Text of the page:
Folk-rock outfit The Dodos underwent a few changes when recording its third LP, Time To Die, for Frenchkiss Records, enlisting Keaton Snyder on vibraphone and working with producer Phil Ek (Fleet Foxes, Band of Horses). Since then and in preparation for their fourth full-length, the band has returned to being a duo (consisting of Meric Long and Logan Kroeber), returned to producer John Askew, who worked on their first two records, and snagged New Pornographers queen Neko Case to appear on half of their record. With less than a week left until the heavily anticipated, No Color, hits streets, we had a chance to talk to frontman Meric Long again about the changes, the upcoming international tour, and some of his recent influences.
Just wanted to thank you for taking the time and doing this with us.
No, if this is for Consequence of Sound, I appreciate it, and I like your guys’ website, so…
I actually saw you guys in Toronto when you opened for Beirut. It was an awesome show.
Oh, awesome. Yeah, that show actually I remember was pretty good. It was like right when we started playing with Keaton on vibraphone.
What was it like to tour with Zach Condon?
We did it that night and the next night in Montreal. It was cool, man. I had never seen those guys live, and they played trumpet, which was really cool.
Are there any bands out there that you’ve been wanting to tour with?
Well, we’re trying to decide who will be our support for our June tour, and there’s a list of bands that I’ve been listening to on Myspace, and my head is like flooding with bands right now (laughs).
Cool! Have you guys gotten close to deciding who?
Well, we had some people we wanted to tour with, but we’ve been having bad luck. We wanted to tour with our buddies Wye Oak, but they’re busy. For us it’s just about finding people that we’re friends with and they’re cool dudes.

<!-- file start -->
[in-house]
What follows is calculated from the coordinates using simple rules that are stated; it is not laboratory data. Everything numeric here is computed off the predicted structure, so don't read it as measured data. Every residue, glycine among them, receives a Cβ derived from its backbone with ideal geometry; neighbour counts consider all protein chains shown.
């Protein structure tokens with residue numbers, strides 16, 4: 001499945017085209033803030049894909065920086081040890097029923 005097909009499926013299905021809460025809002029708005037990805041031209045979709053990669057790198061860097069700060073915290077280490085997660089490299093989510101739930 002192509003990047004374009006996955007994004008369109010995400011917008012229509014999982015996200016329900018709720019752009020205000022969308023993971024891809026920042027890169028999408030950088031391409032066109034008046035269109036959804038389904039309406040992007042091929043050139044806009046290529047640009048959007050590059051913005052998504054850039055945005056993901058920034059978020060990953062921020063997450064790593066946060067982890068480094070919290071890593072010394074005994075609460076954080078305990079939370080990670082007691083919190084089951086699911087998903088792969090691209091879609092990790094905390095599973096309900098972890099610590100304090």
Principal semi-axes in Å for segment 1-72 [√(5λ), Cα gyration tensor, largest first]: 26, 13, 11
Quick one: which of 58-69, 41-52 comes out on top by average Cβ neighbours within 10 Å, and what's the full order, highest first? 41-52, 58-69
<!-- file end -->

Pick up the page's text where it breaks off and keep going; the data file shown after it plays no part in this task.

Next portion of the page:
Of course. What was it like touring with New Pornographers? Is that when you and Neko Case decided to collaborate? How did that all come about?
Yeah, she came out and sang a few songs a couple times through the tour, and we were super nervous to ask her to do anything. It was funny because she’s actually like a huge supporter of our band, and it didn’t really occur to me. We didn’t really know why, and I couldn’t believe it, so it was just like a funny dynamic. She was really happy when I came up to her, and I was so nervous about asking her. But finally, at the end of the tour, we played Lollapalooza, and she came out to sing on like three songs, and after the set she was like what are you doing this summer, and I said we’re recording and asked her what she was doing. She’s like, “Nothing,” so I asked do you want to come and record, and she said, “Oh, totally.” So, it just sort of happened where I didn’t know if it was going to happen or not, but if it does, I’m like sweet.
It’s funny because there’s been a lot of hoopla about her appearing on No Color, but the first two cuts we’ve heard (“Black Night” and “Don’t Stop”) she doesn’t even appear on. Is that you guys keeping us in suspense, or is that just how it panned out?
(laughs) It wasn’t intentional. I mean, people were definitely making a big deal that she was going to be singing on our record, but it wasn’t our intention to be like, “Oh, hey, we have Neko Case on this record,” and use that as a big marketing ploy. It’s a pretty mellow appearance.
It’s cool because she tweeted how “Don’t Stop” is her favorite cut off the album, and she’s not even on it. I think that just kind of shows what a big fan she is of you guys.
Totally, it was really sweet of her to do that. She sings on about five songs, and there’s songs when she kind of takes over. Her voice is so huge, but all of the songs she blends in really well with our sound.